AMERICA'S pundits and politicians are calling it ‘the most important election of our lifetimes'.
And while they say that every four years, look at the stakes in 2020 – the prevailing health crisis, the bitter divisions in America, and the tumultuous leadership of President Donald J Trump.
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Today’s election does feel like a crunch moment for the most powerful country on Earth.
Will America take the red pill and re-elect Trump for four more years of crazy?
Or opt for the more soporific blue pill that is Joe Biden, formerly Barack Obama’s vice-president?
The result will have huge consequences for America, Britain and the world.
'Trump is loved almost as much as he is hated'
The polls have long suggested that Biden will win. Almost nobody trusts the polls.
Yes, a majority of Americans are exhausted by Trump’s wild leadership and want some normality. But very few are excited by the thought of a Joe Biden presidency.
He’s an old career politician who has been getting major decisions wrong for decades. The best reason to vote for him is simply that he isn’t Donald Trump.
But Trump is loved almost as much as he is hated. He has enthusiasm. His secret weapon is what he calls his ‘hidden power’ – the millions of Americans who either shun or lie to pollsters.
These voters swung the election for Trump in 2016. They might just do so again.
'America is anticipating carnage'
If Trump does win, expect chaos. Remember how upset people were when Trump beat Hillary Clinton in 2016? Quadruple that.
The Democrats won't accept defeat again. They will contest the result and accuse the President of having cheated. Clinton herself has urged Biden not to concede on the night ‘under any circumstances’.
In cities across America, shops are boarding up their windows in anticipation of carnage. ‘Antifa’ militants secretly want a Trump win, so they can start a massive riot orgy.
If the result is too close to call, expect more chaos.
The Trump and Biden campaigns have sent teams of lawyers into battleground states to challenge counts they don’t like.
Some states don’t stop counting mail-in votes until several days after the election, which could mean an agonising wait in critical places such as Pennsylvania or North Carolina.
The whole result could turn on vicious legal knife fights in tight regions. On left and right, conspiracy theories about voter fraud will super-spread. Anger may well spill over into more violence.
'American democracy could burn'
Back in 2000 the election was not decided until December 13, when Al Gore finally conceded to George W Bush, after the Supreme Court ruled against him in the infamous fight over ‘hanging chads’ – uncounted ballots – in Florida.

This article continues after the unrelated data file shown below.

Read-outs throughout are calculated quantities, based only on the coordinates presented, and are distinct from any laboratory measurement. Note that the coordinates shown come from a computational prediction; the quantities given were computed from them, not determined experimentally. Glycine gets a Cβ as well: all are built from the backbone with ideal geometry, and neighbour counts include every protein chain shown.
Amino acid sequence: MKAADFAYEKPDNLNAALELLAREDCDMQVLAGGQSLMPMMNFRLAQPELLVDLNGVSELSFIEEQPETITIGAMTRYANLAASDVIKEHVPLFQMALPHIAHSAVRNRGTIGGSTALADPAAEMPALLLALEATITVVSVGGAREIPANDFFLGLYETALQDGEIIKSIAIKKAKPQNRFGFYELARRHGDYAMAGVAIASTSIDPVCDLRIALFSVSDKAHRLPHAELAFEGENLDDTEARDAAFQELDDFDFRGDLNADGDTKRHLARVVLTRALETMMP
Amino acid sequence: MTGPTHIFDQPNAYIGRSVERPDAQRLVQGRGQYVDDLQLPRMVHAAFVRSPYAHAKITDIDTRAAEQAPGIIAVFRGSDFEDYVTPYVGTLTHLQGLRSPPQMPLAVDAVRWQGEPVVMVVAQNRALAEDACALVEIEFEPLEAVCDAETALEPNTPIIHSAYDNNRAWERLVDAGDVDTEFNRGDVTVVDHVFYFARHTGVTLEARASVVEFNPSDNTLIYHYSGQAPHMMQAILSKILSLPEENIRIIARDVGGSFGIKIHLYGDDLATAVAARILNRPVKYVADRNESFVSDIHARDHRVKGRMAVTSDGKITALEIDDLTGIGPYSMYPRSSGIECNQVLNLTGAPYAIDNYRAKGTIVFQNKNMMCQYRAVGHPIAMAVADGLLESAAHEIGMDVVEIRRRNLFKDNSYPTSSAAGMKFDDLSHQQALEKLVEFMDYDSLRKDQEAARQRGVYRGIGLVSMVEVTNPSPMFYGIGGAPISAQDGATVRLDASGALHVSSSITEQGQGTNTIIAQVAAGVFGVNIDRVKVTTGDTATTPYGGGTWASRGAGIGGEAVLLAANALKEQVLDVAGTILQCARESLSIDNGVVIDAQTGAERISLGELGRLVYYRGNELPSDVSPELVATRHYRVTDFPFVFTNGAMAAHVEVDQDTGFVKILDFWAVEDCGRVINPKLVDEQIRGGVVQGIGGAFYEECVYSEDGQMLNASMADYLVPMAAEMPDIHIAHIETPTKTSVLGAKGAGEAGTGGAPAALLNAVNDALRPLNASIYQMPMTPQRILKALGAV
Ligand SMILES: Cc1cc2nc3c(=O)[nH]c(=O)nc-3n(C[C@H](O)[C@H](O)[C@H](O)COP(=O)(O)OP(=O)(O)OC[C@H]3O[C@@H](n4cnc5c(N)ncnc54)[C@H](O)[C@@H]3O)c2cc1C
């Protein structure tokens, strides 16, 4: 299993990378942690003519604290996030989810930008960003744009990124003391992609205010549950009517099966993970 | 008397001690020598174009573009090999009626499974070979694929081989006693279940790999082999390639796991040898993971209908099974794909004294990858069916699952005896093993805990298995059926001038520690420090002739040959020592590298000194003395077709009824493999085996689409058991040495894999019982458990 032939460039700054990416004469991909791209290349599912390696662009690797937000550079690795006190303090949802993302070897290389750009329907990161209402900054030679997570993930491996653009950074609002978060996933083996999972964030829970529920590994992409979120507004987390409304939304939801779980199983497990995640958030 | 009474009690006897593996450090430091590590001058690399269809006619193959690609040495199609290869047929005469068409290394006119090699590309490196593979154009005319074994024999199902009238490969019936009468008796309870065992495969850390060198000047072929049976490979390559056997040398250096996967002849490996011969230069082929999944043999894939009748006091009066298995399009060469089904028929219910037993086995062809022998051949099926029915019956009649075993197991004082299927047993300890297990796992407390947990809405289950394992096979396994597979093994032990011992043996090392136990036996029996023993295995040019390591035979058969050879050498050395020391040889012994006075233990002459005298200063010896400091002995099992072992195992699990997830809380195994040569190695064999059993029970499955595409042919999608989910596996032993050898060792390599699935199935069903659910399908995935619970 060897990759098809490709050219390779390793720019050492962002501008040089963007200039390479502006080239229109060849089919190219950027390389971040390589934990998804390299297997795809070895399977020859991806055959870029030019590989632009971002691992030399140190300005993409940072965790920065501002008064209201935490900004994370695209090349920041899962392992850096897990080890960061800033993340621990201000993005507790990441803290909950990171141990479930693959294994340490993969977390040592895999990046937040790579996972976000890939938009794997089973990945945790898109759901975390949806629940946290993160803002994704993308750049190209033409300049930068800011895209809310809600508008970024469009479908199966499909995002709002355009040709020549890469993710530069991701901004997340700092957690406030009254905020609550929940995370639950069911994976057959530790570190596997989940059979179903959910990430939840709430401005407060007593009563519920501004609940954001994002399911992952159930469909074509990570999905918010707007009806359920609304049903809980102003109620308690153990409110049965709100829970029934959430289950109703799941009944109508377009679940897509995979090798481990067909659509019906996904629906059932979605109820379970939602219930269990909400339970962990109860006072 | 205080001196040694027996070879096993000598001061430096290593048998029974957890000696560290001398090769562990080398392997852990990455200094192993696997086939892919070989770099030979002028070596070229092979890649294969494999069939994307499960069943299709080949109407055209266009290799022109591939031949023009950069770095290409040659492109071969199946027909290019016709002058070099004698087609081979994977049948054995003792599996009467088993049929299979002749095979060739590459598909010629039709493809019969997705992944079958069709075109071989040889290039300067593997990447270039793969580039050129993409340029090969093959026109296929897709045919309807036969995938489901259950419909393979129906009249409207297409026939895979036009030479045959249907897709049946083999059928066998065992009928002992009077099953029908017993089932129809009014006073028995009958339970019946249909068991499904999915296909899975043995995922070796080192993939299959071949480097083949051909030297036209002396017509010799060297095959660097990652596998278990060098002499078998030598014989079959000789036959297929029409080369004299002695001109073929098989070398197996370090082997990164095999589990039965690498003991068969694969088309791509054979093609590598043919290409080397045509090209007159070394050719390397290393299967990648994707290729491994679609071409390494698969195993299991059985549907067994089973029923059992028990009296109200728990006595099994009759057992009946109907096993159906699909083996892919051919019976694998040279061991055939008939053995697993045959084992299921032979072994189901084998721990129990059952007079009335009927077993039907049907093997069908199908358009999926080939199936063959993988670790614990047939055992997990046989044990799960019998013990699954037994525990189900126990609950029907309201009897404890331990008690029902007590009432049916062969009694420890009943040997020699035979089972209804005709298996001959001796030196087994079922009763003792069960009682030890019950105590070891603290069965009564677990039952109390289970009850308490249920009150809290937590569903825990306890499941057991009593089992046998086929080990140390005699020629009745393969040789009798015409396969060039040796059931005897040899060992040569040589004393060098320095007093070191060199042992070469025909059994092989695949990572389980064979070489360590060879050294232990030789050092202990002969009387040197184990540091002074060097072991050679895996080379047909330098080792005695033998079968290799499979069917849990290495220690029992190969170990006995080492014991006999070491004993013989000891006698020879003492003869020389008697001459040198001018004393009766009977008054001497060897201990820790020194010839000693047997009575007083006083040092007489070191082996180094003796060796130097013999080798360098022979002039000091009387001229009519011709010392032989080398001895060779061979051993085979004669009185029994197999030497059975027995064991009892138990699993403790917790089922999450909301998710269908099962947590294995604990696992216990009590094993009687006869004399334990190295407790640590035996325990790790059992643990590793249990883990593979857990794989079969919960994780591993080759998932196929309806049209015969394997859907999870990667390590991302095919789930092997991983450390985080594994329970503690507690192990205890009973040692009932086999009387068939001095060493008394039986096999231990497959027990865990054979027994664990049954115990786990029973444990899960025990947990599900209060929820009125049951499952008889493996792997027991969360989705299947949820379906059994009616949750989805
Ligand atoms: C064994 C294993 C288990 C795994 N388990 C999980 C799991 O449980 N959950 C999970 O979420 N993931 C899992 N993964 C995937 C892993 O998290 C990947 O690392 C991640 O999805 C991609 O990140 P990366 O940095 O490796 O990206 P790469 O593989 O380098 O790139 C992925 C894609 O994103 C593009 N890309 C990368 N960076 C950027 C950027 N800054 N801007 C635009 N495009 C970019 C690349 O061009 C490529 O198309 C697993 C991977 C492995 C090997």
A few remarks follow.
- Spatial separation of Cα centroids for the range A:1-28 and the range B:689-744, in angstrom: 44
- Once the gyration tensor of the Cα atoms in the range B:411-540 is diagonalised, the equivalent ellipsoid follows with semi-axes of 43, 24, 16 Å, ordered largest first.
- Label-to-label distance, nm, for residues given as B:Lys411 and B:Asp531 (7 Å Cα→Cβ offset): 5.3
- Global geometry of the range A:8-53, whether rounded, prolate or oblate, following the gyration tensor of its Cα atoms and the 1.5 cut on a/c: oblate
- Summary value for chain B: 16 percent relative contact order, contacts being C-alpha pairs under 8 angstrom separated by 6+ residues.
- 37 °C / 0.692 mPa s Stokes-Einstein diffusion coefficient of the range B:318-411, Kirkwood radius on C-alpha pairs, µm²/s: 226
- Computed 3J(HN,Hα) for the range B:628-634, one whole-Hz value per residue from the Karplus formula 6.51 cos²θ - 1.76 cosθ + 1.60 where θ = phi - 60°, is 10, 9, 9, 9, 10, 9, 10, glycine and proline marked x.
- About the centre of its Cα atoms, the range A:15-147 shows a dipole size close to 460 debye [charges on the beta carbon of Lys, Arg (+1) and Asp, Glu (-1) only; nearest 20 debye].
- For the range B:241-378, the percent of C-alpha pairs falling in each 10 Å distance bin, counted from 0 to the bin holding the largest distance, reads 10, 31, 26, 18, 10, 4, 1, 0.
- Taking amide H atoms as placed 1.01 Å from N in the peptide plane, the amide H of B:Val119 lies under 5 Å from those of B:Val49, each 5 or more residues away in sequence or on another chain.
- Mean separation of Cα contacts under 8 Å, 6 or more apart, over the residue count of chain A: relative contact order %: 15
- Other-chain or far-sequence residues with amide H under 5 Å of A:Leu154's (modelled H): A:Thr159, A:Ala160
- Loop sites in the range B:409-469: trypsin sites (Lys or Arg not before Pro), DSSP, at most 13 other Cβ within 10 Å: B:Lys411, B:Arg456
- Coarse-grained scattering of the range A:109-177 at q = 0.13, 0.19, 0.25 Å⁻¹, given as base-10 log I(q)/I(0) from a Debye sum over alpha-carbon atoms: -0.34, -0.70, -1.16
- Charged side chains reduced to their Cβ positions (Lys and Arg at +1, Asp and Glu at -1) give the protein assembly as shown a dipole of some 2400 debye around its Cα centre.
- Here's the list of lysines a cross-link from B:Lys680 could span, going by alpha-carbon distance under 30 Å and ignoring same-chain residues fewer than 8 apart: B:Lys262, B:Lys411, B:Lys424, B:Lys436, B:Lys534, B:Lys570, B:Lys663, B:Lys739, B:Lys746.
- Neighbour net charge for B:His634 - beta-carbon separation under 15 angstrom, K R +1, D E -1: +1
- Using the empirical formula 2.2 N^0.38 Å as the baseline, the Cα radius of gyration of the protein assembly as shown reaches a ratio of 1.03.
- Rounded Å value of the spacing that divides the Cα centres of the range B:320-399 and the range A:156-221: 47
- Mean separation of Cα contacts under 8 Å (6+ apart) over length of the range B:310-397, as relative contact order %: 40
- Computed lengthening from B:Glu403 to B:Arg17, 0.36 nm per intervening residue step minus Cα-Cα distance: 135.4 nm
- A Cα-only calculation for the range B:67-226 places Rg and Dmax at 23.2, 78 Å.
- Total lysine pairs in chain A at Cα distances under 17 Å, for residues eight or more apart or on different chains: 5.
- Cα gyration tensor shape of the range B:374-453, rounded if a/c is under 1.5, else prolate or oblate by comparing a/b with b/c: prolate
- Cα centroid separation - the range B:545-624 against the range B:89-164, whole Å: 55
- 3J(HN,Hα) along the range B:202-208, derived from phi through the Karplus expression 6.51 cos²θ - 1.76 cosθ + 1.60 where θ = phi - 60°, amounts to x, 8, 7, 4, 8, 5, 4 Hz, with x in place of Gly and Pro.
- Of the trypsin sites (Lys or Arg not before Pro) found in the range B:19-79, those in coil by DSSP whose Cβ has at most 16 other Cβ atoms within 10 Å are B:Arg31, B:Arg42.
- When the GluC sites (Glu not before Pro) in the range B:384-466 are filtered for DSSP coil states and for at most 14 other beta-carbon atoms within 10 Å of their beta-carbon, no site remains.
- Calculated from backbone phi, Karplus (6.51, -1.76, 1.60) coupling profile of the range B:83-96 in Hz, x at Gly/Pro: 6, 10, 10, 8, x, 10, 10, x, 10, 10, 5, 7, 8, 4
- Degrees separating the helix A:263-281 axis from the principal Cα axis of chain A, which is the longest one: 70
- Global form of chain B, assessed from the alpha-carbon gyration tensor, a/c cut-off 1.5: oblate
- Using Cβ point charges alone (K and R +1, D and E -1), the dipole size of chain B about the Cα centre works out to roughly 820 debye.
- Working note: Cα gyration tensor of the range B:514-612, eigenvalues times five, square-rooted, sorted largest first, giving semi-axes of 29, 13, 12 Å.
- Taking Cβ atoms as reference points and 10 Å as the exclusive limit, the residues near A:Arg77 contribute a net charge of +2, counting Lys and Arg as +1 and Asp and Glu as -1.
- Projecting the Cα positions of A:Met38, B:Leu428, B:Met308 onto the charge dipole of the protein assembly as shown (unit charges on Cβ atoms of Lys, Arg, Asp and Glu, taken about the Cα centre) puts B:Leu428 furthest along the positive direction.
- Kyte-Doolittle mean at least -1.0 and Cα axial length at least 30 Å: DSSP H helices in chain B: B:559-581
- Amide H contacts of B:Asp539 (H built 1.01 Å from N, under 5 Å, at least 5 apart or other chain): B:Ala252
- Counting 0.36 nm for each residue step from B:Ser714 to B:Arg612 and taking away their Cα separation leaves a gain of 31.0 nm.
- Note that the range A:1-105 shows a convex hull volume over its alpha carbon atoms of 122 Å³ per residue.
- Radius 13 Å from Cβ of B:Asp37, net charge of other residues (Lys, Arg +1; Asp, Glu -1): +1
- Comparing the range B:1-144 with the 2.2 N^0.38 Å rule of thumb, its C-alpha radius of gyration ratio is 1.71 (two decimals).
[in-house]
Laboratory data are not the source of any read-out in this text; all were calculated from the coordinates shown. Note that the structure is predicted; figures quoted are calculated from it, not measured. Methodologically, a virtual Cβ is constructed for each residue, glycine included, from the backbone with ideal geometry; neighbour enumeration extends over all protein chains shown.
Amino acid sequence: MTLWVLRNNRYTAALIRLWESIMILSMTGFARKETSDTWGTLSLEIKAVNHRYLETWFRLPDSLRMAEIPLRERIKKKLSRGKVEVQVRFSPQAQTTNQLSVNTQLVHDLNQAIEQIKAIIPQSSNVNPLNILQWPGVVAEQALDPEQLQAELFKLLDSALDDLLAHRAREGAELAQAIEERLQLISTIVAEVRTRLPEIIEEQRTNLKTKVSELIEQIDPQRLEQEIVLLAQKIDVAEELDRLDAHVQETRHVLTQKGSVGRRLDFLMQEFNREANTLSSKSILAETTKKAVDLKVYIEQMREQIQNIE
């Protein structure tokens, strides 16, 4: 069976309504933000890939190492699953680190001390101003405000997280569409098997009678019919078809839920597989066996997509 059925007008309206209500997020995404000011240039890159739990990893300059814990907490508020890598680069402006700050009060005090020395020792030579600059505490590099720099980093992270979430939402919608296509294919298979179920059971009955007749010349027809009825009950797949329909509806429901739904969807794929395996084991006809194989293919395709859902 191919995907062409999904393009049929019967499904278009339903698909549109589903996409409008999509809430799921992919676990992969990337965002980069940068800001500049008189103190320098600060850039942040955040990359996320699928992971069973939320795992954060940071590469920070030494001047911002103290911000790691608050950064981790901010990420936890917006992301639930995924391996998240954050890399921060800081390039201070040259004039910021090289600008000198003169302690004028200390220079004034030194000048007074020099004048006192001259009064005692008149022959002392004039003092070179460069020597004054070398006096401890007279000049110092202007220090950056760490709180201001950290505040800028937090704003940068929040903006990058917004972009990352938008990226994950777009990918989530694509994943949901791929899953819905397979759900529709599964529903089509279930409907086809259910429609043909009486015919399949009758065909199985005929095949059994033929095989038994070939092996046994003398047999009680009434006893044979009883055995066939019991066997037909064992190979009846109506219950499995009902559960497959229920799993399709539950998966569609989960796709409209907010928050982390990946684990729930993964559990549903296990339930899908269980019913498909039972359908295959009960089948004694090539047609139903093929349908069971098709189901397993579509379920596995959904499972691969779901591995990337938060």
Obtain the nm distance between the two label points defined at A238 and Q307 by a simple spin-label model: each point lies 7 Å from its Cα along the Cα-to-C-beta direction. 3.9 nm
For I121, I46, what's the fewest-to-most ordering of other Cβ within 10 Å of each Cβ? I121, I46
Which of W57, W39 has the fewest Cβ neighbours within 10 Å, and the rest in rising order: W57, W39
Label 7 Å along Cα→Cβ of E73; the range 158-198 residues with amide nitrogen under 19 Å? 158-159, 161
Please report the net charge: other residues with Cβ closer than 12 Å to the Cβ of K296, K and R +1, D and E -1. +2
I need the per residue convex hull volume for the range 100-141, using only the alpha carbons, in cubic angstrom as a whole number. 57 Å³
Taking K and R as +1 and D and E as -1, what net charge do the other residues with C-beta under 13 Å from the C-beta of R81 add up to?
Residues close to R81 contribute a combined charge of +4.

A contested election in 2020 could be even more confusing.
If Biden wins in this scenario, Trump may well refuse to accept the result. Whether he refuses to leave the White House is another question.
If Trump somehow ekes out a narrow win, take the rage factor from 2016, quadruple it and then times it by ten. American democracy could burn.
A clear Biden victory, then, would be the least stressful outcome for everyone – in the short term anyhow. The Trump-hating media will declare that America can now heal.
Trumpists will be angry and upset, but less likely to incite violence on the streets – even if they do possess a lot more guns. Trump voters don’t tend to live in big cities. They are also not nearly as aggressive as the media makes out.
The idea that a beaten Trump would try to turn into a military dictator if he is clearly defeated is probably left-wing fantasy.
A victorious Biden would try to say all the right words about bringing the country together. What President Trump might say, win or lose, is anyone’s guess.
But the idea that a beaten Trump would try to turn into a military dictator if he is clearly defeated is probably left-wing fantasy.
He might wind everyone up by suggesting the election was rigged. Or he might surprise everyone by showing grace in defeat. He’s endlessly unpredictable.
'Boris Johnson’s government is surprisingly pro-Biden'
An incoming Biden administration would be easier to read.
American government would default to pre-Trump settings. Team Obama would set about undoing Team Trump’s foreign policy achievements.
Obama’s Iran deal would be revived; the international trade agreements Trump so rudely junked would be restored. The political class would be back, baby.
That could be bad news for Brexit Britain.
Team Obama-Biden famously opposed our departure from the European Union, warning us we would end up at the ‘back of the queue’ in future trade talks.
In as much as he thinks about it at all, Biden regards Brexit as a mistake almost as foolish as America’s decision to elect Donald Trump. As President, he would instinctively side with the European Union in any trade disagreements.
But Boris Johnson’s government is surprisingly pro-Biden. They’ve found Trump frustrating. He talks a lot of hot air.
The ‘beautiful’ US-UK trade deal that he once promised is not much closer today than it was in 2016.
Besides, the political class in Westminster is just more comfortable working with Democrats than the wild characters of the Trump administration.
For the transatlantic establishment, the blue-pill is just easier to swallow. How the American people feel, we are about to find out.
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